Balancing Humor And Safety: Guidelines For Highway LED Signs
We all love a little humor on a road trip, but the Federal Government says we need fewer jokes and more useful information on highway LED signs.
Yes, the Manual on Uniform Traffic Control Devices (MUTCD) is constantly evolving, and adapting to the ever-changing world of transportation. But that doesn't mean your favorite punny traffic quips are destined for the museum of automotive memories. It simply means they need to follow some basic guidelines, like:
- No inside jokes: Keep your pop culture references and obscure puns to yourself. Not everyone gets your "Game of Thrones" obsession, Brenda.
- Clarity is key: If your sign needs a decoder ring to be understood, it's probably not doing its job. Unless, of course, the decoder ring is actually hidden somewhere on the highway – now that's a road trip we can get behind.
- Wait, what?: If you feel the need to to a u-turn and re-read the sign, it's probably too complicated.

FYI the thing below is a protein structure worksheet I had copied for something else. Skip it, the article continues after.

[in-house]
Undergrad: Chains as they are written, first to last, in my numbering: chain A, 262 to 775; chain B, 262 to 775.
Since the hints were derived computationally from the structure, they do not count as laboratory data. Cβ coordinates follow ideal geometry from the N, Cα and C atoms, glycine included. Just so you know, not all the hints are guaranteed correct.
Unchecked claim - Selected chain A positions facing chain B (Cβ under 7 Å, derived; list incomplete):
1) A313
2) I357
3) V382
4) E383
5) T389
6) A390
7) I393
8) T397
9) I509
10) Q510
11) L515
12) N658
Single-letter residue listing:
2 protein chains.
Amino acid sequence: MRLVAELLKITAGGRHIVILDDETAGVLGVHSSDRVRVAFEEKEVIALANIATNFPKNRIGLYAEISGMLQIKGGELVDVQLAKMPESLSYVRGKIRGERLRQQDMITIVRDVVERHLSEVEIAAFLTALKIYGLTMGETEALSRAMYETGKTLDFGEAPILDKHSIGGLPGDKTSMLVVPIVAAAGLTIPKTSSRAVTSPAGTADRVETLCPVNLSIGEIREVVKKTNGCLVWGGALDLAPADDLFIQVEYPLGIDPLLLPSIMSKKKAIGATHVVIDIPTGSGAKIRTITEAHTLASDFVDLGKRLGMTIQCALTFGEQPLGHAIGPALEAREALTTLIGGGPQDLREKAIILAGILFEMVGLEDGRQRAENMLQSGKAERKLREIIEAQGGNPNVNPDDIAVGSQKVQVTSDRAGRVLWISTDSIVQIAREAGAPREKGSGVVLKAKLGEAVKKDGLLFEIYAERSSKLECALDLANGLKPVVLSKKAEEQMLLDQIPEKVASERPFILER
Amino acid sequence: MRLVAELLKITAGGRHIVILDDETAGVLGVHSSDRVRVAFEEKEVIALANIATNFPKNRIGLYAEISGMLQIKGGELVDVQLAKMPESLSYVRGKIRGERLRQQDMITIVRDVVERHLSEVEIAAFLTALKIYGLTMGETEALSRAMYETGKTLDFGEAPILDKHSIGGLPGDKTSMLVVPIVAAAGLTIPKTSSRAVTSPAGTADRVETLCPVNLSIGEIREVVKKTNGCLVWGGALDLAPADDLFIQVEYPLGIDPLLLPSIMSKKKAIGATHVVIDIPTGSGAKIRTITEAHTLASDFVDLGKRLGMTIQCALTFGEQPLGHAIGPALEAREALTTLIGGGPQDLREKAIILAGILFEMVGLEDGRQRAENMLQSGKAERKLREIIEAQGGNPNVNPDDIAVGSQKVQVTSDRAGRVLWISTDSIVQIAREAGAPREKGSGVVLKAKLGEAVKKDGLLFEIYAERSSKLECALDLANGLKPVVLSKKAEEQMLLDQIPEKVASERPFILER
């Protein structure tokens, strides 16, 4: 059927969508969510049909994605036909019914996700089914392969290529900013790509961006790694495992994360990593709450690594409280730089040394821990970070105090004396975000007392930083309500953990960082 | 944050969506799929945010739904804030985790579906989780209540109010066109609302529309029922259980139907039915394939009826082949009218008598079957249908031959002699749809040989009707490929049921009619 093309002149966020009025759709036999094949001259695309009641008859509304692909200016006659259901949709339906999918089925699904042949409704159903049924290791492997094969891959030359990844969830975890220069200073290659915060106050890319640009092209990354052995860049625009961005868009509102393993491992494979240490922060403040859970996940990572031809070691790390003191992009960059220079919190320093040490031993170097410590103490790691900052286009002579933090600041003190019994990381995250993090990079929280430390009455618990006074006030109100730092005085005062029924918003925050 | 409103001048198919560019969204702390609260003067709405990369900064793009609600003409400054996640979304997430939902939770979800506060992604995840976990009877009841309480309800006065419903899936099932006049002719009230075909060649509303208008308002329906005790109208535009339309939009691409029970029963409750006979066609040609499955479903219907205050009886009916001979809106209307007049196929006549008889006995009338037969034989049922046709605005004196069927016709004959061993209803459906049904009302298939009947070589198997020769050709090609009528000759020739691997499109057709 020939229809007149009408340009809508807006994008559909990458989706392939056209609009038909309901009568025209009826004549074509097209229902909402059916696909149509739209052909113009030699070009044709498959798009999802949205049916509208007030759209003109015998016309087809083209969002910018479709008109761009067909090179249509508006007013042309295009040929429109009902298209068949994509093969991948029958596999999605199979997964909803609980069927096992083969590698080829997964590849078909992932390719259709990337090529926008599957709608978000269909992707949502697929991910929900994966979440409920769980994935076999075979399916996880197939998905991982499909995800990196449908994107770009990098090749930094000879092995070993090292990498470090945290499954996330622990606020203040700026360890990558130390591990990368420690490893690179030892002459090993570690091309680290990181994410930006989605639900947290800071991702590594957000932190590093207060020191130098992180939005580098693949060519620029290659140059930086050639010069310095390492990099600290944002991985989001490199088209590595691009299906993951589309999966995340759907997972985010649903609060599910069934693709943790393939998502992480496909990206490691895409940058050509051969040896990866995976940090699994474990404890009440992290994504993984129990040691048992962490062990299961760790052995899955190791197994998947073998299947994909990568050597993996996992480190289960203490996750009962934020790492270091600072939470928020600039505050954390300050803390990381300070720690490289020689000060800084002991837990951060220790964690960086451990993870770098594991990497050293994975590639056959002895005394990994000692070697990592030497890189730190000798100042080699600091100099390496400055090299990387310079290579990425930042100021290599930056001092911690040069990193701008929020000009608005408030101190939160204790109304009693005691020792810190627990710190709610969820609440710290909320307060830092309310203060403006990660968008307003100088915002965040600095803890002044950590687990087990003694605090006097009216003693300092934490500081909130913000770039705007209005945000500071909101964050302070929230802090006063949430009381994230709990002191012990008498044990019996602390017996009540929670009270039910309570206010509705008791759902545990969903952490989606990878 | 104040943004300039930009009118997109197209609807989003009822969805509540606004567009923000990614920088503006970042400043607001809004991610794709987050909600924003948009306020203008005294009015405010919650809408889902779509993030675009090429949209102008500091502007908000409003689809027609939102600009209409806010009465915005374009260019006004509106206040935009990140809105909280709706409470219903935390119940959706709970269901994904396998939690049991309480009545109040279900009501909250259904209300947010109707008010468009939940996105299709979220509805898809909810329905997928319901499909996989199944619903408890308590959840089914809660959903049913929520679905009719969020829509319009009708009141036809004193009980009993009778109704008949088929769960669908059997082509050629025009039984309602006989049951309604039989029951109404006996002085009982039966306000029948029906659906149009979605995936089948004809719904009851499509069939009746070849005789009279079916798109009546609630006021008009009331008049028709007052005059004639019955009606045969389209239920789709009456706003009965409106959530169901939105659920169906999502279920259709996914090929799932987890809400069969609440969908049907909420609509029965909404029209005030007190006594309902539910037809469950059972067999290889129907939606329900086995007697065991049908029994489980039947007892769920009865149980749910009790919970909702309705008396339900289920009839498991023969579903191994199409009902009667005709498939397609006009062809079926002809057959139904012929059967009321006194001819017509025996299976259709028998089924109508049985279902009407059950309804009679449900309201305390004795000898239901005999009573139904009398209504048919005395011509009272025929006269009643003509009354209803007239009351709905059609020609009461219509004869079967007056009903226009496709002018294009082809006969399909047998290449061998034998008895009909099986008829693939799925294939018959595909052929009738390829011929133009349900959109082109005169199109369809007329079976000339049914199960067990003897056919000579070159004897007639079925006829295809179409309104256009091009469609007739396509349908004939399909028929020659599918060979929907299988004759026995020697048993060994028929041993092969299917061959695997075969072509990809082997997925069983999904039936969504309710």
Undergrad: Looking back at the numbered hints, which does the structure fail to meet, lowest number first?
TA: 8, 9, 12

The good news is, that your state's signature brand of highway hilarity isn't going anywhere. Just remember, there's a fine line between chuckle-worthy and downright confusing, and the MUTCD wants to make sure everyone's singing the same traffic safety tune.
A CMS should not be used to display a traffic safety campaign message if doing so could adversely affect respect for the sign. Messages with obscure or secondary meanings, such as those with popular culture references, unconventional sign legend syntax, or that are intended to be humorous, should not be used as they might be misunderstood or understood only by a limited segment of road users and require greater time to process and understand. Similarly, slogan-type messages and the display of statistical information should not be used.
This news did not go over well with officials in Arizona. They actually hold contests for the best highway sign submissions. From the sound of the updated manual, by 2026 that fun will be shut down. The Federal Highway Administration released a statement to 12 News explaining that this isn't a ban, just a guideline.
"The new edition does not include a ban on humor or pop culture references on changeable message signs," The FWHA wrote in a statement to 12News. "Rather, it includes a recommendation to avoid the use of humor and pop culture references in changeable message signs that may confuse or distract drivers.
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